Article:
An Assistant's Story from an anonymous ex-assistant gives a positive reassessment of assistants:
I worked for a famous artists a few years ago for a period of three years. During my employment I often dreamed of the time when I could “spill the beans” on all that went on in the studio, her home, social life, international trips and exhibitions. I looked forward to the day when I could have my say, an exposé and, perhaps, claim something for myself. However, as the years have passed this ambition now feels so cliché and really quite sophomoric. Perhaps, I am getting old and am less of a crackerjack, but, now, all I have is gratitude.
Okay, maybe a bitter taste does still linger, but the bitterness, I find, so embarrassing. To be an artist assistant is quite a normal thing for an artist to do at the beginning stages of a career. Regardless, to be an artist and work as an artist assistant can sometimes be a little painful on the ego.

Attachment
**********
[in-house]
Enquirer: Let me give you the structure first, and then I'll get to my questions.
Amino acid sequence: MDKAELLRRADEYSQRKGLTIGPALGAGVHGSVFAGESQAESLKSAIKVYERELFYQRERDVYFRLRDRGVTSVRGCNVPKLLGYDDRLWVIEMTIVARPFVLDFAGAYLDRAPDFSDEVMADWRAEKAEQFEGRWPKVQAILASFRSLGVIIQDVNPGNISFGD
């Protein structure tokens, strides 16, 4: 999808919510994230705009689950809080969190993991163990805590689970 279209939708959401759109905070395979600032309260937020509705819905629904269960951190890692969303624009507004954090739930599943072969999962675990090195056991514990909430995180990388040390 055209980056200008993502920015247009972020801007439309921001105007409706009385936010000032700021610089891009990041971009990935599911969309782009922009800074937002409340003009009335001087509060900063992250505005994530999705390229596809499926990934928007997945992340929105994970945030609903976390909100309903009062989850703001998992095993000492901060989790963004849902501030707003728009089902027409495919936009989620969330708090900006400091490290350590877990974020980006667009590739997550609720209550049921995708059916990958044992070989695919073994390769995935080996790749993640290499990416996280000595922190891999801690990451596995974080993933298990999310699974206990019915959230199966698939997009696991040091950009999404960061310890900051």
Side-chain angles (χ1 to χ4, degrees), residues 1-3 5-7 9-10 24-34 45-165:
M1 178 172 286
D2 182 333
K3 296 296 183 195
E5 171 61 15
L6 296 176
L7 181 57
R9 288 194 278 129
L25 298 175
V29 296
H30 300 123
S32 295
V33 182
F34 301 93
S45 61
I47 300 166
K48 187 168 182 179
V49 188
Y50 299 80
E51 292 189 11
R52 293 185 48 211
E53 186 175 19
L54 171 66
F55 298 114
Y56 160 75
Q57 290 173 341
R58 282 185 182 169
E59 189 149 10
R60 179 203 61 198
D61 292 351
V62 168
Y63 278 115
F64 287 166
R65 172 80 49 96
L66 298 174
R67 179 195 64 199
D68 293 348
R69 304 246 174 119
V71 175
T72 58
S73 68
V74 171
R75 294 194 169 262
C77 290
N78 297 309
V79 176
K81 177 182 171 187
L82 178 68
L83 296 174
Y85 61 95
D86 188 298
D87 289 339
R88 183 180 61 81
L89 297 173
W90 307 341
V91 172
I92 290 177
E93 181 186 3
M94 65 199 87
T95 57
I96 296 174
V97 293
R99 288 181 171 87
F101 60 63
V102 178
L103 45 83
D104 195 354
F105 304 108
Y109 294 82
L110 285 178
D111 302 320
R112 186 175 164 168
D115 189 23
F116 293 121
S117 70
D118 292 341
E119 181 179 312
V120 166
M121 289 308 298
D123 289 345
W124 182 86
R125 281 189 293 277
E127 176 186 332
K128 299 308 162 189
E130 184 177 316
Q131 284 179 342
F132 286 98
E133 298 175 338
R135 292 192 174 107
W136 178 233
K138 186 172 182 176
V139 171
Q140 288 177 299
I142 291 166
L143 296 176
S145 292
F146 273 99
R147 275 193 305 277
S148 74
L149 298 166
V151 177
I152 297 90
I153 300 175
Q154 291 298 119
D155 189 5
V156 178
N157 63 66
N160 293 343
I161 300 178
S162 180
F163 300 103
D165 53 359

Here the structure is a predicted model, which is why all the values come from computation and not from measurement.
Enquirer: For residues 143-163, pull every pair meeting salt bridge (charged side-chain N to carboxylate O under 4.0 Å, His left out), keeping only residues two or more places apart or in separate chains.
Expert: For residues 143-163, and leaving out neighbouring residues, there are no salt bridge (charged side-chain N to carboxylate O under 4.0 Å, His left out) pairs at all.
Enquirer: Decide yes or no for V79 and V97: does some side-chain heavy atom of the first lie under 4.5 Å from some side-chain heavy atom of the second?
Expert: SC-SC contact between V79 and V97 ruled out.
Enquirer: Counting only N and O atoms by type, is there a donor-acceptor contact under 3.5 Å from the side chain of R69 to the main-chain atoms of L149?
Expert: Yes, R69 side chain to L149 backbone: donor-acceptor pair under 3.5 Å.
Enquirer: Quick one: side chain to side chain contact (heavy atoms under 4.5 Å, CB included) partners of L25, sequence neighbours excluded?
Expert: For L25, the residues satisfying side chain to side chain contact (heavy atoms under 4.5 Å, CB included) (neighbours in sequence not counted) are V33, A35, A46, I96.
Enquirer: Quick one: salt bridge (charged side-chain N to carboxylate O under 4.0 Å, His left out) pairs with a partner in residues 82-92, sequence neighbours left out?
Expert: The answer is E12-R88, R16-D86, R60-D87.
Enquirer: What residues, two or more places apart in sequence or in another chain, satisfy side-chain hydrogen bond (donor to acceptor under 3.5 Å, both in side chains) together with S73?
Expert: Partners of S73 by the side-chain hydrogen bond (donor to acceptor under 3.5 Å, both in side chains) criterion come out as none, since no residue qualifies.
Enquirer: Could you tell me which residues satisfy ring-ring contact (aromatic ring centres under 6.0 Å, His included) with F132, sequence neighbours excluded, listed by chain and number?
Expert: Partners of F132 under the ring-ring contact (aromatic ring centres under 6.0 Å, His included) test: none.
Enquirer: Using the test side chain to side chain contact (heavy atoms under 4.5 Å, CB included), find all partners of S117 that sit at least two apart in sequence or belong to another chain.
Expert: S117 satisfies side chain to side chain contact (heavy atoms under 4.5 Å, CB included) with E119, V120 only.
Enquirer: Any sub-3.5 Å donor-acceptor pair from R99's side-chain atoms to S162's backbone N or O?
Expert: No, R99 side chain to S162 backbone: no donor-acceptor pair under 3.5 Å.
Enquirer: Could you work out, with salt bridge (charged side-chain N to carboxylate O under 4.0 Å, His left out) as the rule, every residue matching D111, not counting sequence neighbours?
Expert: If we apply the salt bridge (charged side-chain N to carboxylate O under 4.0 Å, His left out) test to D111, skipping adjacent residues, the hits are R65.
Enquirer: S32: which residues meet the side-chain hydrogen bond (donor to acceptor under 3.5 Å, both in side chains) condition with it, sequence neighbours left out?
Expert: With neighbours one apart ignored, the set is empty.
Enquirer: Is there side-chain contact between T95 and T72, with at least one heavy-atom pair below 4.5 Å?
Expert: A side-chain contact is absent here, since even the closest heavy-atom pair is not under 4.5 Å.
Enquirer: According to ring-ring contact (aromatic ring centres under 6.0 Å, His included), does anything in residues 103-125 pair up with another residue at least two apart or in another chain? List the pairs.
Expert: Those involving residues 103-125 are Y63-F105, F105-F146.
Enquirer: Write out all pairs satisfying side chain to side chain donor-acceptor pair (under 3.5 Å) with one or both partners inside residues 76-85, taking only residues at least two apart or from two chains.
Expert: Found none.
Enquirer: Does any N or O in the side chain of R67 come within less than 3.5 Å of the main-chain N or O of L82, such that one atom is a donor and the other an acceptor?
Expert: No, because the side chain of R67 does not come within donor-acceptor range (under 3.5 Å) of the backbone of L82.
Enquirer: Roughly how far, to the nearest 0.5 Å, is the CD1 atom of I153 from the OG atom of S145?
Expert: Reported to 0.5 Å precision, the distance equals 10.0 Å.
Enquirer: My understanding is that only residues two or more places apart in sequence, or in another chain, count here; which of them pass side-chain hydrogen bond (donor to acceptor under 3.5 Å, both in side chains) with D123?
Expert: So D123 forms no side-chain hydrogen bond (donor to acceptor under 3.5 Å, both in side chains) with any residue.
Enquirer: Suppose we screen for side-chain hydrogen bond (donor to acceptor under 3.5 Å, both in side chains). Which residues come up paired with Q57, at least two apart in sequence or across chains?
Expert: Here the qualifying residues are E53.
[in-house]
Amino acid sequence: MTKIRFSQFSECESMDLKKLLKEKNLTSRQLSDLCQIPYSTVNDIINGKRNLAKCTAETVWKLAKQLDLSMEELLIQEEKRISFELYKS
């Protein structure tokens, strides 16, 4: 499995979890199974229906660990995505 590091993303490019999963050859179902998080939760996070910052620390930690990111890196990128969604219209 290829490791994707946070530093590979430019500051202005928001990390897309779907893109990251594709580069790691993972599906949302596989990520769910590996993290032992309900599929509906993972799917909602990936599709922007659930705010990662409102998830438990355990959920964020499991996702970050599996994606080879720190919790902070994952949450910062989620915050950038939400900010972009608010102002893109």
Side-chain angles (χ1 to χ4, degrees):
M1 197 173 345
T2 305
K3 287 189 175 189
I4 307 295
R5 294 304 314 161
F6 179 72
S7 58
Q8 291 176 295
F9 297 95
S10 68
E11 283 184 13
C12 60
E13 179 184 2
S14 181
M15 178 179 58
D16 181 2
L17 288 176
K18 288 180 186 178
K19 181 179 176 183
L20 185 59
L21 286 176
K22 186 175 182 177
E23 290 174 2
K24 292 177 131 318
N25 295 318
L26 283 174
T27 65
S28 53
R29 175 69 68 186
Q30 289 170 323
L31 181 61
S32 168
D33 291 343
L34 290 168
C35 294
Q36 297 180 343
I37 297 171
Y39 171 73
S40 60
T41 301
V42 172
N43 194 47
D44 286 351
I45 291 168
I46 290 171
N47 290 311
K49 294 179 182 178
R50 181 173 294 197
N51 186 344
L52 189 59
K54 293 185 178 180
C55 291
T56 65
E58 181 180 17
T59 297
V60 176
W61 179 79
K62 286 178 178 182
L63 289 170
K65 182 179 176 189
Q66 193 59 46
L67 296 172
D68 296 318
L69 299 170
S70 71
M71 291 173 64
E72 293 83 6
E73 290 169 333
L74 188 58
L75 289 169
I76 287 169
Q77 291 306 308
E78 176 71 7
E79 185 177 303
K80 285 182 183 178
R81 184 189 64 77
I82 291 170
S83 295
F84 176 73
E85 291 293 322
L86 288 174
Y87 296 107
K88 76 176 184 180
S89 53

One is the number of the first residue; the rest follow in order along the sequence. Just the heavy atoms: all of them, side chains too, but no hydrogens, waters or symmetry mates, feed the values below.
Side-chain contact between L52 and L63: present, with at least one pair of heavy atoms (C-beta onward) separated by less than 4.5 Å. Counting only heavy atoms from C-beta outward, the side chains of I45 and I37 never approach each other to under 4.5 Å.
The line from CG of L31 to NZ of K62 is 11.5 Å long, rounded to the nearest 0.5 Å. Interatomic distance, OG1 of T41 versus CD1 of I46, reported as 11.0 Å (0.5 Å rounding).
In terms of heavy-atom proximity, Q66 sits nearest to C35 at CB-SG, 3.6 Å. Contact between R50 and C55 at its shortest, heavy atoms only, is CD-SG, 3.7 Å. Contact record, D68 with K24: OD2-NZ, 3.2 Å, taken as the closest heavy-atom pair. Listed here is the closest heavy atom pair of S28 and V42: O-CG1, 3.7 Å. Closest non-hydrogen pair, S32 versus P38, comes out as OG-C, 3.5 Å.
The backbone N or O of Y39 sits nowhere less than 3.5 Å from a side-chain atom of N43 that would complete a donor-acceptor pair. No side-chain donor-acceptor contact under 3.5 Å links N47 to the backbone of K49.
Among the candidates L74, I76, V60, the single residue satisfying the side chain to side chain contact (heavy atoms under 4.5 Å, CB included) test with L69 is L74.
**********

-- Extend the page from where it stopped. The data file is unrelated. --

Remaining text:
Today, I looked back at my diary which included some journaling, press clippings, photographs, invites, notes, cards and random bits and bobs. The remnants that I sifted through today I am so fond of and so grateful for. It is so strange to see myself in the pictures – posing in some, working away in others + a few of me dancing on tables with my boss. In some, I see what a hardedge I had during those times. I worried that I had put myself in a vulnerable position - one that I could be taken advantage of or one where I might have my artist self sucked out of me. So, I maintained quite a “nobody is going to mess with me” attitude. I imagine now that this wasn’t very comfortable for my employer. Looking back I wished I’d been a bit more forthcoming. It was a fantastic opportunity and I am ever so grateful to have had it.
To be an artist you have to be so headstrong; you have to believe in yourself and your convictions. It is lonely and often you are working against all odds. Being an artist often feels like the hardest job in the world and, sometimes, we could do with a little help.